From School Library Journal
Gr 5-10-This delightful book, written partly in pirate dialect, is full of creative activities, interspersed with plenty of fascinating historical facts. Constructing a foundation for the intrigue to come, the introduction defines piracy. The opening chapter is a true-or-false account of some of the many well-known myths about pirates: that they wore boots, eye patches, hooks, peg legs, etc. Subsequently, the authors discuss the origins and history of these rogues, the lives of famous pirates (including females), rules and codes and behavior, and present-day piracy. Those planning to attend an event as a pirate can follow the instructions for proper attire, along with diagrams and directions for makeup and the construction of a foam cutlass (ask Mom or Dad to help...). Jokes, games, songs, and a recipe for making cannonballs (from peanut butter) add to the fun. Though the activities will appeal to elementary students, the format, dense text, font size, and vocabulary seem more appropriate for an older audience. Black-and-white drawings, maps, and diagrams appear throughout, and numerous dusty mauve text boxes and page inserts create the look of an aging book. A glossary of pirate terms and a copious index are included. This title has a lot to offer; it just might have trouble finding its audience.-Susan Shaver, Hemingford Public Schools, NE (c) Copyright 2010. Library Journals LLC, a wholly owned subsidiary of Media Source, Inc. No redistribution permitted.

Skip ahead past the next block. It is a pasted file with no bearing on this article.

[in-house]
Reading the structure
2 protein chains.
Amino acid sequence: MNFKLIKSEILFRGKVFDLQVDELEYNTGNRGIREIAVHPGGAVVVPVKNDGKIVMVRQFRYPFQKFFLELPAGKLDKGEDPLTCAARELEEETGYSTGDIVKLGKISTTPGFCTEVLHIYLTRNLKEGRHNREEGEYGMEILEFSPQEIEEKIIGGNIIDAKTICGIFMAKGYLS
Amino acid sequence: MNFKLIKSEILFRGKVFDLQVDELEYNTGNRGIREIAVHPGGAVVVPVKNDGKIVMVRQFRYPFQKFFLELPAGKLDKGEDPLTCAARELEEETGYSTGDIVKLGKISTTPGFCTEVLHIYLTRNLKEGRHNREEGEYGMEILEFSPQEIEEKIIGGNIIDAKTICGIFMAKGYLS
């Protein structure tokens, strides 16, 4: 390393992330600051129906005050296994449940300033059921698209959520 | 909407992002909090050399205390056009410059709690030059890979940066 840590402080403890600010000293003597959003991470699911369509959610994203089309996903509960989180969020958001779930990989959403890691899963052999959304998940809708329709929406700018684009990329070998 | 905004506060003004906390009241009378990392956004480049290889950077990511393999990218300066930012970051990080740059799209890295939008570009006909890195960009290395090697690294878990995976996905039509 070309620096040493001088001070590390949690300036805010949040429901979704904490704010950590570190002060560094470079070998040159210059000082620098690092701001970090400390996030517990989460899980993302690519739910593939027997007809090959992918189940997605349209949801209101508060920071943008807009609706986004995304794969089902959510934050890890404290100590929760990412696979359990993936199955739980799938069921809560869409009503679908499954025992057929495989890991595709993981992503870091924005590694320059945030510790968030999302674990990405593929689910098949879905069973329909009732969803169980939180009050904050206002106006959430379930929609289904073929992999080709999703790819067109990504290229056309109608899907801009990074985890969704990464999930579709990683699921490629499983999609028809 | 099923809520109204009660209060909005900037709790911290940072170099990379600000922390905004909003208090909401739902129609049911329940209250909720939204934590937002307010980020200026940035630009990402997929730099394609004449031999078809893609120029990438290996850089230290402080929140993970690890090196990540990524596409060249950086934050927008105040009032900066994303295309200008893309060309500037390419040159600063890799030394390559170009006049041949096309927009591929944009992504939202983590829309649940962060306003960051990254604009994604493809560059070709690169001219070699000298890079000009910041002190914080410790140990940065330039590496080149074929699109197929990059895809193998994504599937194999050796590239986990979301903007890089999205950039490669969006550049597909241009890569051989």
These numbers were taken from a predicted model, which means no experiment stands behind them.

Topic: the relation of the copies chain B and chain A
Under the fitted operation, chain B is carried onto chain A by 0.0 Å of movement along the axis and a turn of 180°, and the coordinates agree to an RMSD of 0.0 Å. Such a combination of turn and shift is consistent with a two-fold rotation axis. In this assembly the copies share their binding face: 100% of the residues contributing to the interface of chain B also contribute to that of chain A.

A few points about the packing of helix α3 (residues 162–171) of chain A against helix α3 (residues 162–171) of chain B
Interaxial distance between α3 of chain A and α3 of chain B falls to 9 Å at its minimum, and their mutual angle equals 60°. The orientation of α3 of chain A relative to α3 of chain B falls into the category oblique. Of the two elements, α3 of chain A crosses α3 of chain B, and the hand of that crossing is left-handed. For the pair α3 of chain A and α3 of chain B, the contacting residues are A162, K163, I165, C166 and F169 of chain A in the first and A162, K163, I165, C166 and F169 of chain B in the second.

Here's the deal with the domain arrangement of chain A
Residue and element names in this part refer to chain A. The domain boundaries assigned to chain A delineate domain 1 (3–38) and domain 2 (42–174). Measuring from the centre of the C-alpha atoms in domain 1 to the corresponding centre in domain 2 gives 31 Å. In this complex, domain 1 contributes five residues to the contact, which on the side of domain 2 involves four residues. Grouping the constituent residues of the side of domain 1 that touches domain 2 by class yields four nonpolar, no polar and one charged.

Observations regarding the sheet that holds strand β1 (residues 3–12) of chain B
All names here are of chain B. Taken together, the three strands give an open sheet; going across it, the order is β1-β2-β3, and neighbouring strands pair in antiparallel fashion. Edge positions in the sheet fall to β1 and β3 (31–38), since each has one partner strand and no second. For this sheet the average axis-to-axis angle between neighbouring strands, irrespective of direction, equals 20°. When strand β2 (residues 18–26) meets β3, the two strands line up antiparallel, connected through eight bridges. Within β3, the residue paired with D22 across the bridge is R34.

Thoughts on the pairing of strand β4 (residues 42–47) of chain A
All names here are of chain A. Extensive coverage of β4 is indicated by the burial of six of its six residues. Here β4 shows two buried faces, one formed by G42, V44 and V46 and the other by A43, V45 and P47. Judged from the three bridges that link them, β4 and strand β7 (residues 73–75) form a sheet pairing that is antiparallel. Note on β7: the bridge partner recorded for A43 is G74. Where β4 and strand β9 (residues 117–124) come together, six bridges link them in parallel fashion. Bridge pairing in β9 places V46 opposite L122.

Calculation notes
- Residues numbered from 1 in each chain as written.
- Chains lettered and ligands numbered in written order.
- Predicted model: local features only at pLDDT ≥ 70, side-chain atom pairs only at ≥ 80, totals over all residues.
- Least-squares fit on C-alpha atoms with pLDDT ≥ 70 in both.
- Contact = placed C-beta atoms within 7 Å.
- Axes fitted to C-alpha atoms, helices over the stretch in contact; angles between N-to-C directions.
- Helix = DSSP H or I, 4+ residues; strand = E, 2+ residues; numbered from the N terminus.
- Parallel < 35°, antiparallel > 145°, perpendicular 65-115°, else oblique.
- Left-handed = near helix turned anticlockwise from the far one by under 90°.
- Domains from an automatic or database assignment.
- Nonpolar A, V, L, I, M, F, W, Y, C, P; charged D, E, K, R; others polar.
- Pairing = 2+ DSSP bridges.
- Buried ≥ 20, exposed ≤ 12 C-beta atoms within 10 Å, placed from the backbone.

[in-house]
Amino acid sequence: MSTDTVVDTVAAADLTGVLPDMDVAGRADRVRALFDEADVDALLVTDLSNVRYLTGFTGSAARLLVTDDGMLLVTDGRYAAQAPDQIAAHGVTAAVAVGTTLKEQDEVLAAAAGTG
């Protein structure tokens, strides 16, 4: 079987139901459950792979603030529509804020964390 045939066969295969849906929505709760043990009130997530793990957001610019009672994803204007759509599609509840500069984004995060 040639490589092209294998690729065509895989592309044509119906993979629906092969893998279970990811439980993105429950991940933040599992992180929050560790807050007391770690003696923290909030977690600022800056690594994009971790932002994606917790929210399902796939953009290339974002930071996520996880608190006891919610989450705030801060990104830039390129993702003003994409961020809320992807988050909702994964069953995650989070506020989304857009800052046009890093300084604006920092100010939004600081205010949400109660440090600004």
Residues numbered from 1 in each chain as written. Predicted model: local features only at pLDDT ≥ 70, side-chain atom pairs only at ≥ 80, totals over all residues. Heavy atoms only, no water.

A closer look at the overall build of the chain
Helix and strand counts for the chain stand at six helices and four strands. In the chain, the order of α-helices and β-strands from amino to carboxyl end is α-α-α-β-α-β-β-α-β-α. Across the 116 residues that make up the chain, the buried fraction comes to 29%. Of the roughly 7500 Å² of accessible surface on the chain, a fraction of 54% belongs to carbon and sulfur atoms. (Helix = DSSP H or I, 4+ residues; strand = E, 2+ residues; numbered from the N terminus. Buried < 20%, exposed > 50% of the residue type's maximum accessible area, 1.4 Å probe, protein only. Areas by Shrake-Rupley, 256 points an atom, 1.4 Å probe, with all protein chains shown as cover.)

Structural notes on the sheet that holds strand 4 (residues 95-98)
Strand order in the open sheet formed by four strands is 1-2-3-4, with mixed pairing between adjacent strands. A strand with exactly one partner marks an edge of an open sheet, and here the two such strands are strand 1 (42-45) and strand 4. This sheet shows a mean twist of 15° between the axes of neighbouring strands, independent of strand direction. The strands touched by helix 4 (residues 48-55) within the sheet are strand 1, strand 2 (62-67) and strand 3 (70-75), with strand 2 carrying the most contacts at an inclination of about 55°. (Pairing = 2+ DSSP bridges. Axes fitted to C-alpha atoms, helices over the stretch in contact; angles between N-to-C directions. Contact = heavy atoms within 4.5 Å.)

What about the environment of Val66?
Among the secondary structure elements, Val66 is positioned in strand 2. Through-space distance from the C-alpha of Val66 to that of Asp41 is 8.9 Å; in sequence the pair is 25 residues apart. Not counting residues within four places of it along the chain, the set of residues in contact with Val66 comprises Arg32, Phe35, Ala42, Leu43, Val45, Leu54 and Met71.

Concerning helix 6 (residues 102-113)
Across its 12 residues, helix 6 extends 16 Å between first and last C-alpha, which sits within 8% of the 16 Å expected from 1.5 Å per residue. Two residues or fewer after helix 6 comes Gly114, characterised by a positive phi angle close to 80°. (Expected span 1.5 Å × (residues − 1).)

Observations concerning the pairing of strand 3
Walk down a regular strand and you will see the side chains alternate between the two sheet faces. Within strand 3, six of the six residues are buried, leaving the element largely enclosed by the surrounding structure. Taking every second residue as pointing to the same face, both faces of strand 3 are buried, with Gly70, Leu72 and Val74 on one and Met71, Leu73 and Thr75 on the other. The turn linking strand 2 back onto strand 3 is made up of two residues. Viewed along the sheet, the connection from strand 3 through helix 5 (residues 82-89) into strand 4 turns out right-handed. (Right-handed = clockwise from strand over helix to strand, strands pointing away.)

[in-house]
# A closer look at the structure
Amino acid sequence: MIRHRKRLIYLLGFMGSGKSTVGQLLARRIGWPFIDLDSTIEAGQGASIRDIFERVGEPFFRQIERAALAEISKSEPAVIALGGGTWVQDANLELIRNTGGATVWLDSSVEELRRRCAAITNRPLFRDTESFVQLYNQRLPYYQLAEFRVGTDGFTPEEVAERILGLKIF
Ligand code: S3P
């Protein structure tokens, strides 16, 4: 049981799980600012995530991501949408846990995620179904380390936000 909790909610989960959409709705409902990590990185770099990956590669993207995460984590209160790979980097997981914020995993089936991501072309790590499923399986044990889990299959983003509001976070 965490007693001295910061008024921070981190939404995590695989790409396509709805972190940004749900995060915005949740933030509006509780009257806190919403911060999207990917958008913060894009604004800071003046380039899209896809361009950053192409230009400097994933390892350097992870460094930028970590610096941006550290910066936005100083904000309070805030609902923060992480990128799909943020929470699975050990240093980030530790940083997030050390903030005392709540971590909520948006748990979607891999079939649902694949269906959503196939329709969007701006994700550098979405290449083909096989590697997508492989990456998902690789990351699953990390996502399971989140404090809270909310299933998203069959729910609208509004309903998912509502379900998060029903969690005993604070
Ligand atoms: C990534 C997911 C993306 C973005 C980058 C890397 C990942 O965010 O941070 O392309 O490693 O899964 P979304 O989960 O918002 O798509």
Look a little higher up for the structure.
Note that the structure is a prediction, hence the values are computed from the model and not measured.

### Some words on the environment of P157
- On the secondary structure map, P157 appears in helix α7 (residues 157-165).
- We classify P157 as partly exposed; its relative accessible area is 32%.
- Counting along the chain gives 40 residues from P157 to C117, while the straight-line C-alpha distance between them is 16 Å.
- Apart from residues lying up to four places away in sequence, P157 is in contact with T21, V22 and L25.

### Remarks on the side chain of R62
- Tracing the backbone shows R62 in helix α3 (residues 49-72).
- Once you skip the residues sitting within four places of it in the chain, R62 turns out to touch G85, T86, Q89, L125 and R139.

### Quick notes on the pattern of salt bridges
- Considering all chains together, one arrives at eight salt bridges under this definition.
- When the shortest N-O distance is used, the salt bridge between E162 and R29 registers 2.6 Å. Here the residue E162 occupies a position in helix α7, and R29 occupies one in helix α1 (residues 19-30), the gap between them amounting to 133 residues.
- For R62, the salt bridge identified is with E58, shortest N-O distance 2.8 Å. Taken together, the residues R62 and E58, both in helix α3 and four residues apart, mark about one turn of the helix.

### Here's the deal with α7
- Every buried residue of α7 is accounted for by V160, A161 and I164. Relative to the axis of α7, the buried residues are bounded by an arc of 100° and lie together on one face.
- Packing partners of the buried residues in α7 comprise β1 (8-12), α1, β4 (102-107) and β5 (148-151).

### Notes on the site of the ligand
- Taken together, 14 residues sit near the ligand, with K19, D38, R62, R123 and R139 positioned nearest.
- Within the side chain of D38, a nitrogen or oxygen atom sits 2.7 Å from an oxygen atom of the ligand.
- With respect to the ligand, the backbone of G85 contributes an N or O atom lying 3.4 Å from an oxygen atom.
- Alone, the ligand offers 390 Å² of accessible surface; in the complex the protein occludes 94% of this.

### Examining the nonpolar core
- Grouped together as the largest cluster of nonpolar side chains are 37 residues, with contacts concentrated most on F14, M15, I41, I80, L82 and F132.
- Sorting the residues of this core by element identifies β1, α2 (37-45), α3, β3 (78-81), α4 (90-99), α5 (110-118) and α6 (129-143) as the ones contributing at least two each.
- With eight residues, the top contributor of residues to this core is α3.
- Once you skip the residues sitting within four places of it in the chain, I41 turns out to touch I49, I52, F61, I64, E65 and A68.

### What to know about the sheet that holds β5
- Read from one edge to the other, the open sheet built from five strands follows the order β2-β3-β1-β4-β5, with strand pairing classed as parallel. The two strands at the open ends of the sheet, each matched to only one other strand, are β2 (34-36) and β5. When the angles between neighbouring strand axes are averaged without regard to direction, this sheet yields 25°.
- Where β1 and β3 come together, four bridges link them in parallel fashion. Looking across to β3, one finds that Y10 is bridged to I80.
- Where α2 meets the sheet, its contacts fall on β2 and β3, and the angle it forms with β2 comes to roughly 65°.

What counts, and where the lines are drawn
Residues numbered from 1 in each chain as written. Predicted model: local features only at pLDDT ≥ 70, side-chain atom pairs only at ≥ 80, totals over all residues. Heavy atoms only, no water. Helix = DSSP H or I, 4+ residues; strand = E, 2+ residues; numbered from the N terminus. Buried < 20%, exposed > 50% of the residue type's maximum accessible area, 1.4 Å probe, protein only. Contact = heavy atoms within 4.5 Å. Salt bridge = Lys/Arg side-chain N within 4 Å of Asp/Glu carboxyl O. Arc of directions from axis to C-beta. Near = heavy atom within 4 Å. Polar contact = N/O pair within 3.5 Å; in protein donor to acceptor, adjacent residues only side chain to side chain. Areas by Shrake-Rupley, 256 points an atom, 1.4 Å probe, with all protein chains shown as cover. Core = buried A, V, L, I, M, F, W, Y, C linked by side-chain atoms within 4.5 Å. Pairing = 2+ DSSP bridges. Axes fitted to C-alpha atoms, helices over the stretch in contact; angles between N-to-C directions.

“The Book of Pirates is both whimsical and wondrous! The reader gets not only history – but ‘how to’ as well. It is a beautifully bound and illustrated volume of everything that a reader might want to know about pirates.
“The Book of Pirates is a delightful reference book and easily accessible for younger readers. Jamaica and Captain Michael keep the writing crisp and to the point. Their love of pirate history, of pirate lore – of all things “pirate” is clear on every page and even readers who have not had the pleasure of meeting them will know – they both possess something about pirates that has remained true over centuries. Something unchanged by myth and legend. They possess the pirate soul.”
(Cap'n Slappy, co-founder of International Talk Like a Pirate Day